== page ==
Providing updates on changes to address ranges and ESZs as they occur or providing verification at least annually. Every year, the E 9-1-1 Bureau will ask a town to verify the address ranges of each road in town and to verify or update the ESZ designation(s). However, any time a town adds a new road or changes an address range (i.e., a road is extended or closed), emergency service providers and the E 9-1-1 Bureau should be notified immediately.

Resolving any discrepancies that arise with any addressing information in the E 9-1-1 database. The Addressing Officer will be asked to resolve any problems or discrepancies with the E 9-1-1 addressing information discovered by PSAP personnel. For example, a caller’s address on the E 9-1-1 equipment may not match the address reported by the caller, or the address may be missing altogether. The MAO will also be involved in correcting problems found during the development of the E 9-1-1 database.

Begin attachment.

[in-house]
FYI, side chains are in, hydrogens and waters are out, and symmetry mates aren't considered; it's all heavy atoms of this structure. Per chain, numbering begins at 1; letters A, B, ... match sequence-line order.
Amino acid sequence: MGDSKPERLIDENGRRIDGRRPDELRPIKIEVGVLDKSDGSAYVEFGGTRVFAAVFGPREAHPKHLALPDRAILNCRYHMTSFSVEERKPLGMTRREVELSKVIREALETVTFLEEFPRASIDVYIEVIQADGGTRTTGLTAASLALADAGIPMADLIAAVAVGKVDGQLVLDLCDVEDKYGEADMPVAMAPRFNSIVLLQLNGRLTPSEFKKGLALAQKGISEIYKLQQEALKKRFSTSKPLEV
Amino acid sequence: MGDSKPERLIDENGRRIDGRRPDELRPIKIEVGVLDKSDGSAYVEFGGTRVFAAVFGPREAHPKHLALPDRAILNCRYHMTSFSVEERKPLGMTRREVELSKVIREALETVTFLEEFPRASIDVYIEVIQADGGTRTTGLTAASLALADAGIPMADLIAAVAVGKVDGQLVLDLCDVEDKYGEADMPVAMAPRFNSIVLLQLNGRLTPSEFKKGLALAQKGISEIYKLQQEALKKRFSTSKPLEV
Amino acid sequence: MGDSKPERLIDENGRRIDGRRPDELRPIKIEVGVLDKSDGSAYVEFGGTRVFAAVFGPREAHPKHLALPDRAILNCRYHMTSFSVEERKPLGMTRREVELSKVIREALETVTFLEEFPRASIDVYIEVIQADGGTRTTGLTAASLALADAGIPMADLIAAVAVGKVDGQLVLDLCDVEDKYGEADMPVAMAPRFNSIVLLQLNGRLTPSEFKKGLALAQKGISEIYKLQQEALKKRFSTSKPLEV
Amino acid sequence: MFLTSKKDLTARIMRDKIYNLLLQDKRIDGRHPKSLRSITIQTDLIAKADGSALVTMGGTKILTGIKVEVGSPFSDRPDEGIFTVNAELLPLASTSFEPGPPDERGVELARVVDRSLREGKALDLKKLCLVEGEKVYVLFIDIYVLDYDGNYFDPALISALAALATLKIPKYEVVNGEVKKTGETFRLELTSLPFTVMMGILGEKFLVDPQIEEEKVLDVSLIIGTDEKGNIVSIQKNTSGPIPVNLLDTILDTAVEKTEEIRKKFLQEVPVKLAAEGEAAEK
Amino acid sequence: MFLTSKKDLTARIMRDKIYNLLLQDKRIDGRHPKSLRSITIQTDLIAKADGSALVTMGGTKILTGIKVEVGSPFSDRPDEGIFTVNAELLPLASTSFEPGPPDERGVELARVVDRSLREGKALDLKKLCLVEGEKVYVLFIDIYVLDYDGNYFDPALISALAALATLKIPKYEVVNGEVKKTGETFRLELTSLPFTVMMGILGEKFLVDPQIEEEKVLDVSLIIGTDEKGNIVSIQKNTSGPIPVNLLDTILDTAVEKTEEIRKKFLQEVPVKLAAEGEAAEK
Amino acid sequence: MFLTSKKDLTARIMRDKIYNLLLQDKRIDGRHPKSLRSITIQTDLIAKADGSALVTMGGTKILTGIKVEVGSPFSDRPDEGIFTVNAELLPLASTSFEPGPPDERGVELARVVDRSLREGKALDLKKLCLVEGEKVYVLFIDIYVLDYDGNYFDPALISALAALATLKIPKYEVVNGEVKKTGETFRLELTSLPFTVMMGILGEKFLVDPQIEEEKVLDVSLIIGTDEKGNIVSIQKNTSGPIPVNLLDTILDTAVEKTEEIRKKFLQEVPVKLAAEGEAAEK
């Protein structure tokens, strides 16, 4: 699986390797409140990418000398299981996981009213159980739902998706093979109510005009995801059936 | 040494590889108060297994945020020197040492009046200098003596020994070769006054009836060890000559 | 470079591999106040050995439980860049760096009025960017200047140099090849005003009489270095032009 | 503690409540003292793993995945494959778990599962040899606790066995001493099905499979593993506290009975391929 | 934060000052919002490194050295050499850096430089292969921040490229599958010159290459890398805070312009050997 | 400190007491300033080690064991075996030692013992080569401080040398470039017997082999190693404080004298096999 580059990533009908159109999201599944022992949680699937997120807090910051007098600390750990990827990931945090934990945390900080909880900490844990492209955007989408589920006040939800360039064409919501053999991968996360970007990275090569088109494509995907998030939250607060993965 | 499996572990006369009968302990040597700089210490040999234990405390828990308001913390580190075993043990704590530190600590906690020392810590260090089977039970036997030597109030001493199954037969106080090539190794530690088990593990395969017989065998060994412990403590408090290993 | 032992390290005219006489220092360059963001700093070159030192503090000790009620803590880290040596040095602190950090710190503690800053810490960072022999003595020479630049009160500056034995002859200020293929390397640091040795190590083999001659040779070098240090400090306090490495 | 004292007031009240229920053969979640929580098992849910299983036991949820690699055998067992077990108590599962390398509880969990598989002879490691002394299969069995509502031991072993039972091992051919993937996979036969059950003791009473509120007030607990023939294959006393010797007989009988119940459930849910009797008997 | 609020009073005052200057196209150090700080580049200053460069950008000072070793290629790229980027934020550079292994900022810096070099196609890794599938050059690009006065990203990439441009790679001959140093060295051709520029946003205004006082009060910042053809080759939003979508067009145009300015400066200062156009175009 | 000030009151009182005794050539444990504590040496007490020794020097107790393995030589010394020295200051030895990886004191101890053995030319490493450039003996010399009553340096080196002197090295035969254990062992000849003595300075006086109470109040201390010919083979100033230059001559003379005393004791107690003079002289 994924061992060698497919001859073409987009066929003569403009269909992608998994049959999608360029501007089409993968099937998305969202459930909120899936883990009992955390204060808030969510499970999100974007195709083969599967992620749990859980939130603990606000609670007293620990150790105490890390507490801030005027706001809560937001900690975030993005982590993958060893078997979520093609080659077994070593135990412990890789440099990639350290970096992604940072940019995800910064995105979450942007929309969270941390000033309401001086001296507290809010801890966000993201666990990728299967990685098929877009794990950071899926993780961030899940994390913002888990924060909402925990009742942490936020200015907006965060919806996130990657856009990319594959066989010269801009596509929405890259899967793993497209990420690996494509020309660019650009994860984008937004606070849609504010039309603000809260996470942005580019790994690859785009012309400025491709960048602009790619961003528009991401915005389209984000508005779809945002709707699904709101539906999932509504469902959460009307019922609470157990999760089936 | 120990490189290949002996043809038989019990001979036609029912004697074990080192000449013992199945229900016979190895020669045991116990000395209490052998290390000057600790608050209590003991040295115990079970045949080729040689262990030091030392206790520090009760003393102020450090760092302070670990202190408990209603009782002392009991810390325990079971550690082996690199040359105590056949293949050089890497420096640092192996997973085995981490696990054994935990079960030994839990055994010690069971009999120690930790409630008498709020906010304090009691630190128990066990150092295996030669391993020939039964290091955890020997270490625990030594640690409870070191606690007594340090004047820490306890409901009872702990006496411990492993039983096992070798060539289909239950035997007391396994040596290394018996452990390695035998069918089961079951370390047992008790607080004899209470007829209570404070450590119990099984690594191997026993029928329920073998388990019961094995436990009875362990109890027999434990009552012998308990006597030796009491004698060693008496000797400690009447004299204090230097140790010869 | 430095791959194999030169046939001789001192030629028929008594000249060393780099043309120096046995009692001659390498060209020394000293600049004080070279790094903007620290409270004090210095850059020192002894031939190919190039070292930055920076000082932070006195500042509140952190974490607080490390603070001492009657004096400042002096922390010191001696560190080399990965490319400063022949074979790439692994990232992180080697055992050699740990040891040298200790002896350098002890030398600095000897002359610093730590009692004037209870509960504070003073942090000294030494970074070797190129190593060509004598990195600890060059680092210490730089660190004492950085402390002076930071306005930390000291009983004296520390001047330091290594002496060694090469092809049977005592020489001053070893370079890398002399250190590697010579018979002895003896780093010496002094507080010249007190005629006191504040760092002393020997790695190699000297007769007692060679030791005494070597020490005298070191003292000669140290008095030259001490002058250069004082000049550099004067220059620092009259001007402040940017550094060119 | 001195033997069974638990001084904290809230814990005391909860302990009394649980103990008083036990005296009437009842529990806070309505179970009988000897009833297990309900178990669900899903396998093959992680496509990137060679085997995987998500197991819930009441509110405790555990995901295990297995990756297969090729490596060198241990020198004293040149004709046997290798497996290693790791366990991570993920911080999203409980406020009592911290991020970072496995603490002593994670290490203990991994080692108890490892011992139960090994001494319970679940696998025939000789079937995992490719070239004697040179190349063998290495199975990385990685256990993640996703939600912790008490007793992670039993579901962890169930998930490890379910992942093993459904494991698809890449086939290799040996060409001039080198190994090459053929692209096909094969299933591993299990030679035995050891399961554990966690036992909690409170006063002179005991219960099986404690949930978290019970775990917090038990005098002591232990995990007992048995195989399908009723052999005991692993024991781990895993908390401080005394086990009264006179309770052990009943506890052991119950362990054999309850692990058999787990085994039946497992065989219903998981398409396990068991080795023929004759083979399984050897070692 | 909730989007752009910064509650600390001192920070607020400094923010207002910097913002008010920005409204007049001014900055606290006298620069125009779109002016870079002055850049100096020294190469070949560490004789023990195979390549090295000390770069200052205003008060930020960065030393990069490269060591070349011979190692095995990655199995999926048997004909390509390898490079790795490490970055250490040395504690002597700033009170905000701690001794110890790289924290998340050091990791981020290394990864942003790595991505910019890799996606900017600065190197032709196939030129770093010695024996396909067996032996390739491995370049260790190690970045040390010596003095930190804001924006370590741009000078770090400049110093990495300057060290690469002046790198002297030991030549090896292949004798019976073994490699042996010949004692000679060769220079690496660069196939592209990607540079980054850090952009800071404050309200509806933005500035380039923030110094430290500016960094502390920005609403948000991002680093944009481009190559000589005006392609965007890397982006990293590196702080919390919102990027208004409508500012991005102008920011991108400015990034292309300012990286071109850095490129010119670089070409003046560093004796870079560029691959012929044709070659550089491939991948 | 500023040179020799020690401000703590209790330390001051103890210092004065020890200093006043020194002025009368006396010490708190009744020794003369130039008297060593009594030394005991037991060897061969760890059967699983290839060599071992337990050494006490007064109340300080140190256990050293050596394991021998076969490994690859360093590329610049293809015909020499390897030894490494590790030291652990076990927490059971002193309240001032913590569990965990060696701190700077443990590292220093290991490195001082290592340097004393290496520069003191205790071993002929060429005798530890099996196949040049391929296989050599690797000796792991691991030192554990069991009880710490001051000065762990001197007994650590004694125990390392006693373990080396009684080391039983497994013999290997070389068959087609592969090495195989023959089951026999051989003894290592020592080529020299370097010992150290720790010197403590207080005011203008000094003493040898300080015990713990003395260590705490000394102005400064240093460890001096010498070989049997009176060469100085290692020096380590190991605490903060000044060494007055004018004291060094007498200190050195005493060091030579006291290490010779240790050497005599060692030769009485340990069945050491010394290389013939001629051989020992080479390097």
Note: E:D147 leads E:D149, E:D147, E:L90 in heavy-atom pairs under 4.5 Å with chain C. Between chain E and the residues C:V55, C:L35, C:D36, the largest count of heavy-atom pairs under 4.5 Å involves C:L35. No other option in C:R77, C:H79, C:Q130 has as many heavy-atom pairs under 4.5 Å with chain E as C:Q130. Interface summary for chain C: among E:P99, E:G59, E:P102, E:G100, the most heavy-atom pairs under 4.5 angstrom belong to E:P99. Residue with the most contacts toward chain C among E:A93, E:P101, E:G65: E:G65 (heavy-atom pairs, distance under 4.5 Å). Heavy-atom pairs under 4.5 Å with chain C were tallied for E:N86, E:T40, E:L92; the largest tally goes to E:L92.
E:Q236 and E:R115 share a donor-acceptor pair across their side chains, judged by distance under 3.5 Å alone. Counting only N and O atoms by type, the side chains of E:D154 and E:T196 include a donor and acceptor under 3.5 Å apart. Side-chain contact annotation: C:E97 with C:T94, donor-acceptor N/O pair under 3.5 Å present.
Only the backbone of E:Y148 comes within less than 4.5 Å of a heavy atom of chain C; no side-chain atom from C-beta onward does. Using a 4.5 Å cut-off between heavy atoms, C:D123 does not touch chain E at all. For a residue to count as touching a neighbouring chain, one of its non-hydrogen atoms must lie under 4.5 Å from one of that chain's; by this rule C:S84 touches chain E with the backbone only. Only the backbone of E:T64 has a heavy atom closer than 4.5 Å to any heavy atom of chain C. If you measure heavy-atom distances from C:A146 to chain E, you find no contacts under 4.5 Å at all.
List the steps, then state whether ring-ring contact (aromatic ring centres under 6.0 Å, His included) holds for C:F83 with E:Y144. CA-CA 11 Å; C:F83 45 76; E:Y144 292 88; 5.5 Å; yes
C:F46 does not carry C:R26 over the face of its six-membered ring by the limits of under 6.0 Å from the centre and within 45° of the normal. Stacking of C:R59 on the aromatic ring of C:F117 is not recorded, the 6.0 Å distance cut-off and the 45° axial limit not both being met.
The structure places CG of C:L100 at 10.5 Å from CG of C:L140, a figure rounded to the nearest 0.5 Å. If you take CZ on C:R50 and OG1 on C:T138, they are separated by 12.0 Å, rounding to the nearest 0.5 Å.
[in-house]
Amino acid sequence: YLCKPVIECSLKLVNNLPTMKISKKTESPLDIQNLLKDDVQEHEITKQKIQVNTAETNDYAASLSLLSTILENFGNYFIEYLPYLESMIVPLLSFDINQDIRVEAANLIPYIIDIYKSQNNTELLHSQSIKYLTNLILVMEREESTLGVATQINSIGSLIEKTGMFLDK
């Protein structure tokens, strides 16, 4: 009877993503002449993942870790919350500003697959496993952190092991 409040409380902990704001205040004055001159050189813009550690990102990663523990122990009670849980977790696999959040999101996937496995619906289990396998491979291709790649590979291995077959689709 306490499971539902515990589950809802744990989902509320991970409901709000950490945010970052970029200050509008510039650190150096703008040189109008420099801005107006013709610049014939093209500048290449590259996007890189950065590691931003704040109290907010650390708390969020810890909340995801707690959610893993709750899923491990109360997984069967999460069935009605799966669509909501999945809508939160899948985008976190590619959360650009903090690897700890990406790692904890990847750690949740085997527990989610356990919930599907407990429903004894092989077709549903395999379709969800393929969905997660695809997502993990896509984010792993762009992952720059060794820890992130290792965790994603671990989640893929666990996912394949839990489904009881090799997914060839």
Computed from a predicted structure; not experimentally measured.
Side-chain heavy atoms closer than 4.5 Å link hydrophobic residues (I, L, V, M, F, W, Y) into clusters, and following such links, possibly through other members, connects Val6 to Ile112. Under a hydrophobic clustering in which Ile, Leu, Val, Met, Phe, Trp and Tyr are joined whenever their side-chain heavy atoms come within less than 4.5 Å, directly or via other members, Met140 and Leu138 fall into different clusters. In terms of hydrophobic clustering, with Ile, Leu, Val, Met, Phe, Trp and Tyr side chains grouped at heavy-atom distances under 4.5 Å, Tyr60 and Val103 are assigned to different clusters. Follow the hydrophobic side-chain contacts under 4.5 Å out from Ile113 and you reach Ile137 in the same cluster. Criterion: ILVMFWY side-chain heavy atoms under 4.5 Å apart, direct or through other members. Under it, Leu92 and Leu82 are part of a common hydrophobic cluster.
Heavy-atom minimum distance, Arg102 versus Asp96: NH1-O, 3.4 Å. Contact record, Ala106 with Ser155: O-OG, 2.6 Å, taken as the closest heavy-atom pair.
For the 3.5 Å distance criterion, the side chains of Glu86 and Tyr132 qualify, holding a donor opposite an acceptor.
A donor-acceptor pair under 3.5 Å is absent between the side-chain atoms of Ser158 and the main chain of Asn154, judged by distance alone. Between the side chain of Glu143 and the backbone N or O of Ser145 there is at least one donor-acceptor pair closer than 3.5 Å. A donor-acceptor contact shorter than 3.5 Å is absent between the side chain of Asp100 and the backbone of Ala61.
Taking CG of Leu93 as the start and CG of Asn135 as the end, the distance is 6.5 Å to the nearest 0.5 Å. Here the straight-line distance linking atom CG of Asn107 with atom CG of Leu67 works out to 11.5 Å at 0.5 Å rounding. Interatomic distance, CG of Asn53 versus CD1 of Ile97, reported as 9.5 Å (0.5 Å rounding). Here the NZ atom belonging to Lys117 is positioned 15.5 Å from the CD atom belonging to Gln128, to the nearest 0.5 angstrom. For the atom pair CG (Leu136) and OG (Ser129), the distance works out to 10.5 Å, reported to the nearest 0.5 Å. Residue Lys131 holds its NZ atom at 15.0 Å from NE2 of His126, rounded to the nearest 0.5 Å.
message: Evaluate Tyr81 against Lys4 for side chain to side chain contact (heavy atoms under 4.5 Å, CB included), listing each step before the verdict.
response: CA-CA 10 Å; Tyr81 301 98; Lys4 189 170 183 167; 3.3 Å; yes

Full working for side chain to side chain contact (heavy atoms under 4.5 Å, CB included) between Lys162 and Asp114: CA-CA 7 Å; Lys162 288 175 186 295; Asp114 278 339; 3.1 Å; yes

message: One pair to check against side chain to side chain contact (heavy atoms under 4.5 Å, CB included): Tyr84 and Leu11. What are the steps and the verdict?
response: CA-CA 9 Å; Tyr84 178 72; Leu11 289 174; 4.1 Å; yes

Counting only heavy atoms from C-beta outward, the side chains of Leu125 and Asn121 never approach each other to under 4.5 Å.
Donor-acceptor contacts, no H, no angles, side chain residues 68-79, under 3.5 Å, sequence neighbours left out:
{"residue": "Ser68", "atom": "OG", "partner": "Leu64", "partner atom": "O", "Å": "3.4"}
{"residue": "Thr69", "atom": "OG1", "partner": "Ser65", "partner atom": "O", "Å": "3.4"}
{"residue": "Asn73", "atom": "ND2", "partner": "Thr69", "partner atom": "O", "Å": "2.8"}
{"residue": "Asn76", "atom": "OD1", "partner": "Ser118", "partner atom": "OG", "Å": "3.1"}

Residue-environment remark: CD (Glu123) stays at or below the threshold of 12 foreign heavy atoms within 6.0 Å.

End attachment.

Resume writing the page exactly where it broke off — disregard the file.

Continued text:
Acting as a local guide for collection of new or missing road data. The ESCB will periodically collect information on new or missing roads in a given town. The MAO will assist the Bureau in the collection of this information.

Other responsibilities that a Municipal Addressing Officer may have include: answering citizen questions about addressing; monitoring local development activities and assigning new addresses during the creation of roads and subdivisions; calculating property numbers; and updating the community’s database as needed.

An official form must be filled out when the municipality designates the Municipal Addressing Officer and be sent to the ESCB. Each time the addressing officer changes, a new form must be completed and sent to ESCB.

Other E 9-1-1 Issues

During the past few years, some new issues have surfaced regarding the E 9-1-1 system. They include ADA compliance for PSAPs and dispatching centers, confidentiality of E 9-1-1 records and governmental liability under this emergency services program.